bison roam freely on the range

A century after the American Bison Society, organized in 1905 when only a few hundred buffalo remained, began working to save the species from extinction, bison are an environmental success story. Numbers are up to about 400,000 across North America, mostly on private ranches.

Now, a new generation of advocates wants to restore the prairie habitat that bison once dominated. Some, including Plains Indians, whose tribes were almost wiped out along with the bison, also hope to restore a way of life the animal represented.

“We have to restore the buffalo if we are going to survive as a culture,” says Fred DuBray, executive director of the InterTribal Bison Cooperative, which he helped start in 1990 with five member tribes. Now 53 tribes in 18 states manage 15,000 head of bison.

DuBray’s tribe, the Cheyenne River Sioux of north central South Dakota, occupies a 2.82-million-acre reservation. In the late 1990s, the tribal council bought a 21,500-acre cattle ranch called the VE, which DuBray persuaded the council to turn over to bison. He argued that bison would provide the reservation, where Type 2 diabetes is rife, with low-fat, low-cholesterol protein.

DuBray is even more interested in establishing a vast prairie park of native plants and animals. Many scientists agree with DuBray that prairies and bison are linked. However, replicating historical conditions is hard because most native prairie is long gone.

Remarkably, when the Cheyenne River Sioux bought the VE Ranch, it boasted an abundance of hardy native plants — western wheatgrass, needle and thread, sagewort — and few of the exotic plants such as leafy spurge that plague Plains ranches. The tribe took down internal fences, let the land rest for three years and in 2002 released more than 2,000 bison onto its gently rolling hills.

Bison are furthering the VE Ranch’s restoration. The animals rub their horns against saplings, stunting tree growth. They avoid broad-leafed plants, or forbs, which then thrive in grazed areas. Pronghorn antelopes eat the forbs that bison leave behind. And bison wallows can hold rainwater for other wildlife.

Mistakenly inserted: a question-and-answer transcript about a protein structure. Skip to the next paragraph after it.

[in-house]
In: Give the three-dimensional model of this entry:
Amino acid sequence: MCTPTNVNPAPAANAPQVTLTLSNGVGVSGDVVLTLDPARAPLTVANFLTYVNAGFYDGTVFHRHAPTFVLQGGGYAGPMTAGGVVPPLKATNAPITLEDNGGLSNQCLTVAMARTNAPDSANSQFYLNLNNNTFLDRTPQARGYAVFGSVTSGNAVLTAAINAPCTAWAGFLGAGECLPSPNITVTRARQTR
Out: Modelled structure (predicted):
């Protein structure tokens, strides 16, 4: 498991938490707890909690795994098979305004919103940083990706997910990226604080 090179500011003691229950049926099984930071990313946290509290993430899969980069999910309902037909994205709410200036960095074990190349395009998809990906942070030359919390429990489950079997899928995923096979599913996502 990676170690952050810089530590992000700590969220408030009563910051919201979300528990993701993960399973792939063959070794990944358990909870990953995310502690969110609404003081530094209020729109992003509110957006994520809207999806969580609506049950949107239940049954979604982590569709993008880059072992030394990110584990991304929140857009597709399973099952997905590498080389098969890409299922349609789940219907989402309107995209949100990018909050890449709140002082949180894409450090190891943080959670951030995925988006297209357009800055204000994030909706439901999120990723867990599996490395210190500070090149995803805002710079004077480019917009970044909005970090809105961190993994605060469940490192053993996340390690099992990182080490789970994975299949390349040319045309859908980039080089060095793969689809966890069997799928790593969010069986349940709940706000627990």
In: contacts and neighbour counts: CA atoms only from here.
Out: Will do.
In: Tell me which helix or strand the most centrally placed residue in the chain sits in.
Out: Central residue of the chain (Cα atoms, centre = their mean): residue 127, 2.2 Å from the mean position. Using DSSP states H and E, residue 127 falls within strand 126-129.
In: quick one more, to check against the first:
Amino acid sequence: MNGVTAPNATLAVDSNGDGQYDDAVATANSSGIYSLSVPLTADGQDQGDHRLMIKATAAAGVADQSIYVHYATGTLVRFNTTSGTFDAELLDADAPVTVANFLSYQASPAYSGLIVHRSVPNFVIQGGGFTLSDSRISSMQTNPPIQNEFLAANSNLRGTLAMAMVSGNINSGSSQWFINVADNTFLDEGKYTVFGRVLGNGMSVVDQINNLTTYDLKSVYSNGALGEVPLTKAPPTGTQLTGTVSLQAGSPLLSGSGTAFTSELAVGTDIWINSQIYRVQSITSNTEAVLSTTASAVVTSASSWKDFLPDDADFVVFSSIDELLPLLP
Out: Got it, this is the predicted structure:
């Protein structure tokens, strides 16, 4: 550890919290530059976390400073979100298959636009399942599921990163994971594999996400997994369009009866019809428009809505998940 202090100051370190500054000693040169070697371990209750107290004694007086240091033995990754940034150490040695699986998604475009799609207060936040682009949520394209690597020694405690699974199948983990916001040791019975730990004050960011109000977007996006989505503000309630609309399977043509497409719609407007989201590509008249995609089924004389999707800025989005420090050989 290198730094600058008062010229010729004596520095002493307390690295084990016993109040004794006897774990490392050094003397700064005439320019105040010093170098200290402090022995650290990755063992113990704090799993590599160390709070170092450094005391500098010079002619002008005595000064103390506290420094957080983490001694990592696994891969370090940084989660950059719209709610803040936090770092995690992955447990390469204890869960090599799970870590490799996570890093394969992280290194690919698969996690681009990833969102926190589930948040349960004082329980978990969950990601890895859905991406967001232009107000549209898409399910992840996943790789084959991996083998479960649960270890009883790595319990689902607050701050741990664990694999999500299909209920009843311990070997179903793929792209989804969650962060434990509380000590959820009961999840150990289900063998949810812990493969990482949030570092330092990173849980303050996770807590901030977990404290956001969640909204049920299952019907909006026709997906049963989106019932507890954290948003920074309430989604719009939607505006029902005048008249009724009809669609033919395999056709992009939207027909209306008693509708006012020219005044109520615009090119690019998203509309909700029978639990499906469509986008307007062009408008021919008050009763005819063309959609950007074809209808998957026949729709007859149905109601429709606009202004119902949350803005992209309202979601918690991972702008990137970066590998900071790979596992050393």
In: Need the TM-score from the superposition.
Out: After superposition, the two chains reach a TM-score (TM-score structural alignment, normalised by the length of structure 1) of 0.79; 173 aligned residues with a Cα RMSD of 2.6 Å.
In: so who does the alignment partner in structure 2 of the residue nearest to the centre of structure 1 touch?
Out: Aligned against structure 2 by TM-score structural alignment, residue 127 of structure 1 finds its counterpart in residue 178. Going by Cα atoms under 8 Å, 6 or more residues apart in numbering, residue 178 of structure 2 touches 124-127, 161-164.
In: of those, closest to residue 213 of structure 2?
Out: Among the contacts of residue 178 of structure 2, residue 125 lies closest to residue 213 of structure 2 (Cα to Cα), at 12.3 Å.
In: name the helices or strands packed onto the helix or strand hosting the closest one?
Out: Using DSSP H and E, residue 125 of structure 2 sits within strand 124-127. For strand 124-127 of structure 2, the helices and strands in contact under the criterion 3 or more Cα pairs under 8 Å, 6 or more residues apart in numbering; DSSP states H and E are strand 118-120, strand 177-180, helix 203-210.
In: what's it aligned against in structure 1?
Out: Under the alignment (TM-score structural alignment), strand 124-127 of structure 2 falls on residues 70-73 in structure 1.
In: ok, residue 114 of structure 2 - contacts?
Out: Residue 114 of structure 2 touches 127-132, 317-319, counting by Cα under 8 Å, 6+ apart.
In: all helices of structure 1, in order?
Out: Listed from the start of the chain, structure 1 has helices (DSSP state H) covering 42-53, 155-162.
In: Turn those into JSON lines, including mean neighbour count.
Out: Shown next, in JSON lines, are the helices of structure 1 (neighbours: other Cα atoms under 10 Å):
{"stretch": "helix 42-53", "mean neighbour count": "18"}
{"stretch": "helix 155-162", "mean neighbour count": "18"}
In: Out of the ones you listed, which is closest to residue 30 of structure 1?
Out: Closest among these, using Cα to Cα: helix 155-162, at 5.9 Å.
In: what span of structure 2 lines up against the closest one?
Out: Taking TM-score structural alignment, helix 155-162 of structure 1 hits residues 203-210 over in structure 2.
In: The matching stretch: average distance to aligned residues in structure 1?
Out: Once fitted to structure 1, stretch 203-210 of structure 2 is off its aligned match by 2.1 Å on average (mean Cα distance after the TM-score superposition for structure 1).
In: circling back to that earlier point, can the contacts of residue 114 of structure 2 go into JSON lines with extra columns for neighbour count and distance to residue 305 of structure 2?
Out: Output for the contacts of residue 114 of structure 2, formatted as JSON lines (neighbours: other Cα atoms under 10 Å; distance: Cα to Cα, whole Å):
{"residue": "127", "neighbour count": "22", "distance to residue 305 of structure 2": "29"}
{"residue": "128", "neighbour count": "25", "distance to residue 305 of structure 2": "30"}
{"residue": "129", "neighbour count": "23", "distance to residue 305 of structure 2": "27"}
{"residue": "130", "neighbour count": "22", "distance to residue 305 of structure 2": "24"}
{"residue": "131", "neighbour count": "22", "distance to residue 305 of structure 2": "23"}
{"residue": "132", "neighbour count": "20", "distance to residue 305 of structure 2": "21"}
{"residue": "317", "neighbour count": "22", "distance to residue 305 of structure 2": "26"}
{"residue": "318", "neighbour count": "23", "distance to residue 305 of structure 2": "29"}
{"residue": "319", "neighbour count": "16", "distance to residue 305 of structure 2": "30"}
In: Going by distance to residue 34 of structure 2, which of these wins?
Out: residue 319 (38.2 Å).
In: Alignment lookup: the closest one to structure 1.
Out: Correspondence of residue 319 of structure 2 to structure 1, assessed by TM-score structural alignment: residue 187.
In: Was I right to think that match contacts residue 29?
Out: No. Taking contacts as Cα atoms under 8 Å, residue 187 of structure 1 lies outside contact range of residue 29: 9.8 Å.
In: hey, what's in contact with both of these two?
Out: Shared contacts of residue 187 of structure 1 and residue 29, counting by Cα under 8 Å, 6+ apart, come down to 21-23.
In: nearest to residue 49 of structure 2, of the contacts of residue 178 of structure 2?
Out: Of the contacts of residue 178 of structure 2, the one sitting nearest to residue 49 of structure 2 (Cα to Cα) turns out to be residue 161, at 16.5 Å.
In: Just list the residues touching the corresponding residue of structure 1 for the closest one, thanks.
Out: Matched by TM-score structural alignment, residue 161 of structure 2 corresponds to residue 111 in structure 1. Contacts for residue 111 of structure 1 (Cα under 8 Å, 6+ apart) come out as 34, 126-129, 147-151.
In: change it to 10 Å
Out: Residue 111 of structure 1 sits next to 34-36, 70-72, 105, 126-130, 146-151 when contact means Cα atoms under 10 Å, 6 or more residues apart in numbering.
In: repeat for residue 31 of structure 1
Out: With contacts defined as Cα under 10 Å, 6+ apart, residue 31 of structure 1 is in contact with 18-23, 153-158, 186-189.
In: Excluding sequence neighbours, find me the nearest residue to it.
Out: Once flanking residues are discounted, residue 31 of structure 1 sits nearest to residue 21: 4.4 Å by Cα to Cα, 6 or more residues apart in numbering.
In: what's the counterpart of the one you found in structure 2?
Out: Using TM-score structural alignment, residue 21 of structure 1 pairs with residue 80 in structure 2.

Joanna Murray, a wildlife biologist, cautions not to think of bison as cattle. “Bison just roam freely,” she says. They spend less time grazing than cattle do and, she adds, “they’re rarely in one spot two days in a row.”

In their quest to restore prairie habitat, the Cheyenne River Sioux are maintaining colonies of black-tailed prairie dogs, which cattle ranchers regard as a menace. But more than 150 grassland species depend on prairie dog “towns.” The burrowing owl makes its home in abandoned burrows. Rattlesnakes, swift fox, eagles and hawks prey on prairie dogs, as do black-footed ferrets, the plains’ most endangered species.

Bison often gather around prairie dog towns. “Since the dogs constantly clip off grasses, there’s always new growth, and it’s very nutritious for the bison,” Murray explains. Young bison grow faster when they graze in prairie dog towns.

Though the prairie is coming back on the VE Ranch, this venture remains a risky one. Prices for bison and bison meat have been unsteady. The park won’t earn much revenue from tourist admissions until a visitors’ center is built, which will take years. And not everyone is pleased.

“On our reservation, it’s not Democrats or Republicans, but traditionalists and progressives,” DuBray told Smithsonian magazine for the February issue.

Progressives, he says, loathe prairie dogs, believe livestock should be fenced, prefer cattle to bison, and are skeptical of establishing a tribal park to display prairie restoration.

Traditionalists, on the other hand, feel the exact opposite. DuBray says traditionalists are looking to the past for the shape of things to come.


Published in the Asbury Park Press
Smithsonian Magazine

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